Anaplastic lymphoma kinase (ALK)-positive lymphomas ("ALKomas") constitute a distinct molecular and clinicopathological entity within the heterogeneous group of CD30-positive large cell lymphomas. In 80-85% of cases tumor cells express a Mr 80,000 hybrid protein comprising the nucleolar phosphoprotein nucleophosmin (NPM) and the ALK. We report here the cloning and expression of a novel ALK-fusion protein from an ALK-positive lymphoma. This case was selected for molecular investigation because of (a) the absence of NPM-ALK transcripts; (b) the atypical staining patterns for ALK (cytoplasm-restricted) and for NPM (nucleus-restricted); and (c) the presence of a Mr 96,000 ALK-protein differing in size from NPM-ALK. Nucleotide sequence analysis of ALK transcripts isolated by 5'-rapid amplification of cDNA ends revealed a chimeric mRNA corresponding to an ATIC-ALK in-frame fusion. ATIC is a bifunctional enzyme (5-aminoimidazole-4-carboxamide ribonucleotide transformylase and IMP cyclohydrolase enzymatic activities) that catalyzes the penultimate and final enzymatic activities of the purine nucleotide synthesis pathway. Expression of full-length ATIC-ALK cDNA in mouse fibroblasts revealed that the fusion protein (a) possesses constitutive tyrosine kinase activity; (b) forms stable complexes with the signaling proteins Grb2 and Shc; (c) induces tyrosine-phosphorylation of Shc; and (d) provokes oncogenic transformation. These findings point to fusion with ATIC as an alternative mechanism of ALK activation. (+info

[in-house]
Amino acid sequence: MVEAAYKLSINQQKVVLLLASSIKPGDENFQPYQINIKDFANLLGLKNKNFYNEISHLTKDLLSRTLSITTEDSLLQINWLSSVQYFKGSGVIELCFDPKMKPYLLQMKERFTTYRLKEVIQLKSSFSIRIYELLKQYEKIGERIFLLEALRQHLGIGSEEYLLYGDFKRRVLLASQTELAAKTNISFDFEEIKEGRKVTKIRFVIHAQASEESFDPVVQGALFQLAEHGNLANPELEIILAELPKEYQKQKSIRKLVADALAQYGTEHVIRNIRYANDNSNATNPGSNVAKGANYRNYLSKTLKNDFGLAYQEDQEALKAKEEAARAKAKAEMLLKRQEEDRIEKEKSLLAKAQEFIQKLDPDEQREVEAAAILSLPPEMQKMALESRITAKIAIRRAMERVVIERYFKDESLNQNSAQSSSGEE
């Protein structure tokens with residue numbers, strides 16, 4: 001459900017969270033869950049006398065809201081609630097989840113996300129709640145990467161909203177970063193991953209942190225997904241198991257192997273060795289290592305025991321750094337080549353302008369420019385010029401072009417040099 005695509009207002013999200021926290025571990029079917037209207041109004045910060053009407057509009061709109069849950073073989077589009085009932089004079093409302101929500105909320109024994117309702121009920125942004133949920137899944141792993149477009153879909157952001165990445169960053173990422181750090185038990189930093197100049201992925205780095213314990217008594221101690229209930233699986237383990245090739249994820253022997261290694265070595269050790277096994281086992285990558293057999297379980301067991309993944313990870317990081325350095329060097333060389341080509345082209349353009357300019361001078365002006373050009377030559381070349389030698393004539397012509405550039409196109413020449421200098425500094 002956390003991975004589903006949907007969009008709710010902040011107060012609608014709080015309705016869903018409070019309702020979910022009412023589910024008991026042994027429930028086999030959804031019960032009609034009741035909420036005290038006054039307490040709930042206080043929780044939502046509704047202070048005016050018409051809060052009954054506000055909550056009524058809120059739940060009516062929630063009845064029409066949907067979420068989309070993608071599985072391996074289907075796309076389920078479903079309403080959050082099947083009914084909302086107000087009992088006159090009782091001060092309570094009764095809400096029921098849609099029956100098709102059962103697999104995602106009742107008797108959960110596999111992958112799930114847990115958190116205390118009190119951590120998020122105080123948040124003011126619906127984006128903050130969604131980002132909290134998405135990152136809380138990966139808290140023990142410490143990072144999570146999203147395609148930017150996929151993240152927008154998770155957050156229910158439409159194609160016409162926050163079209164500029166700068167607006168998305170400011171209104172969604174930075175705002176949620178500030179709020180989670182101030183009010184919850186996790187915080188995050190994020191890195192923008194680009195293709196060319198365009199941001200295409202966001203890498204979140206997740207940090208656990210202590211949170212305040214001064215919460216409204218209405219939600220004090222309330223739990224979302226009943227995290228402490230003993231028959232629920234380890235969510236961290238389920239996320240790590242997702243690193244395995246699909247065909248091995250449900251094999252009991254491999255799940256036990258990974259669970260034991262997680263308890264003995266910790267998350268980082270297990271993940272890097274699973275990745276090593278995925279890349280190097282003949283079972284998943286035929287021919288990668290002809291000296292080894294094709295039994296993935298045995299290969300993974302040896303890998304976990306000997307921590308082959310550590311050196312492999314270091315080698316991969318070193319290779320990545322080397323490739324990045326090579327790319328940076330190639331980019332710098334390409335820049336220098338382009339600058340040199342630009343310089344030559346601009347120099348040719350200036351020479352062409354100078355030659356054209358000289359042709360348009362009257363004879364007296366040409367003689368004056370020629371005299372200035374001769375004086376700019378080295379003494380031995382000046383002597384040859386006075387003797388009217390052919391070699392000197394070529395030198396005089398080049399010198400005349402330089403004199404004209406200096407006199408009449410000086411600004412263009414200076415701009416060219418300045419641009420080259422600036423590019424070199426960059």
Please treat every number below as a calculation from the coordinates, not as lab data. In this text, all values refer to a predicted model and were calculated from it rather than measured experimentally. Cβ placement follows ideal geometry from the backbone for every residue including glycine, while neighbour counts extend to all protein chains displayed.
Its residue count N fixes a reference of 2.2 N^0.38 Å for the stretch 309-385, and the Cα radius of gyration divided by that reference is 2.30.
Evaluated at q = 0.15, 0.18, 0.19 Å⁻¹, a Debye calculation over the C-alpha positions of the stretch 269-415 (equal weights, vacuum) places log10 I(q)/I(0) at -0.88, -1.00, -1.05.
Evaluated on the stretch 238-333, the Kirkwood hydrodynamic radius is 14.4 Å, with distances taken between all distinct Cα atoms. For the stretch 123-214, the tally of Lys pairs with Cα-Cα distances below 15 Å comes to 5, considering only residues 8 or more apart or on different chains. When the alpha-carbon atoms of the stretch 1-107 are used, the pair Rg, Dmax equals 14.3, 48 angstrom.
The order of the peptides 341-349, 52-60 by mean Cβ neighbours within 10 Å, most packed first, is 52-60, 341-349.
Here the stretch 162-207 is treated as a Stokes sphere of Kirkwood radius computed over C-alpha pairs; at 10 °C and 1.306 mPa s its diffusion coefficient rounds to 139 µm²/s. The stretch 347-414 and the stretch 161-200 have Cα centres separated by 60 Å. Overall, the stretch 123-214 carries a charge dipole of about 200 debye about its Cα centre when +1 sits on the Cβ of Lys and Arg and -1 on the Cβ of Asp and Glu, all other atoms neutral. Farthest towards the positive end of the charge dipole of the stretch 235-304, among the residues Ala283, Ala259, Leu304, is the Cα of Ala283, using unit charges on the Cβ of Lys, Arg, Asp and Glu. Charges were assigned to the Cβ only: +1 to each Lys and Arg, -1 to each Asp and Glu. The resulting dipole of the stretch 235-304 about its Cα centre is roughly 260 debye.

Inv(2)(p23q35) in anaplastic large-cell lymphoma induces constitutive anaplastic lymphoma kinase (ALK) tyrosine kinase activation by fusion to ATIC, an enzyme involved in purine nucleotide biosynthesis.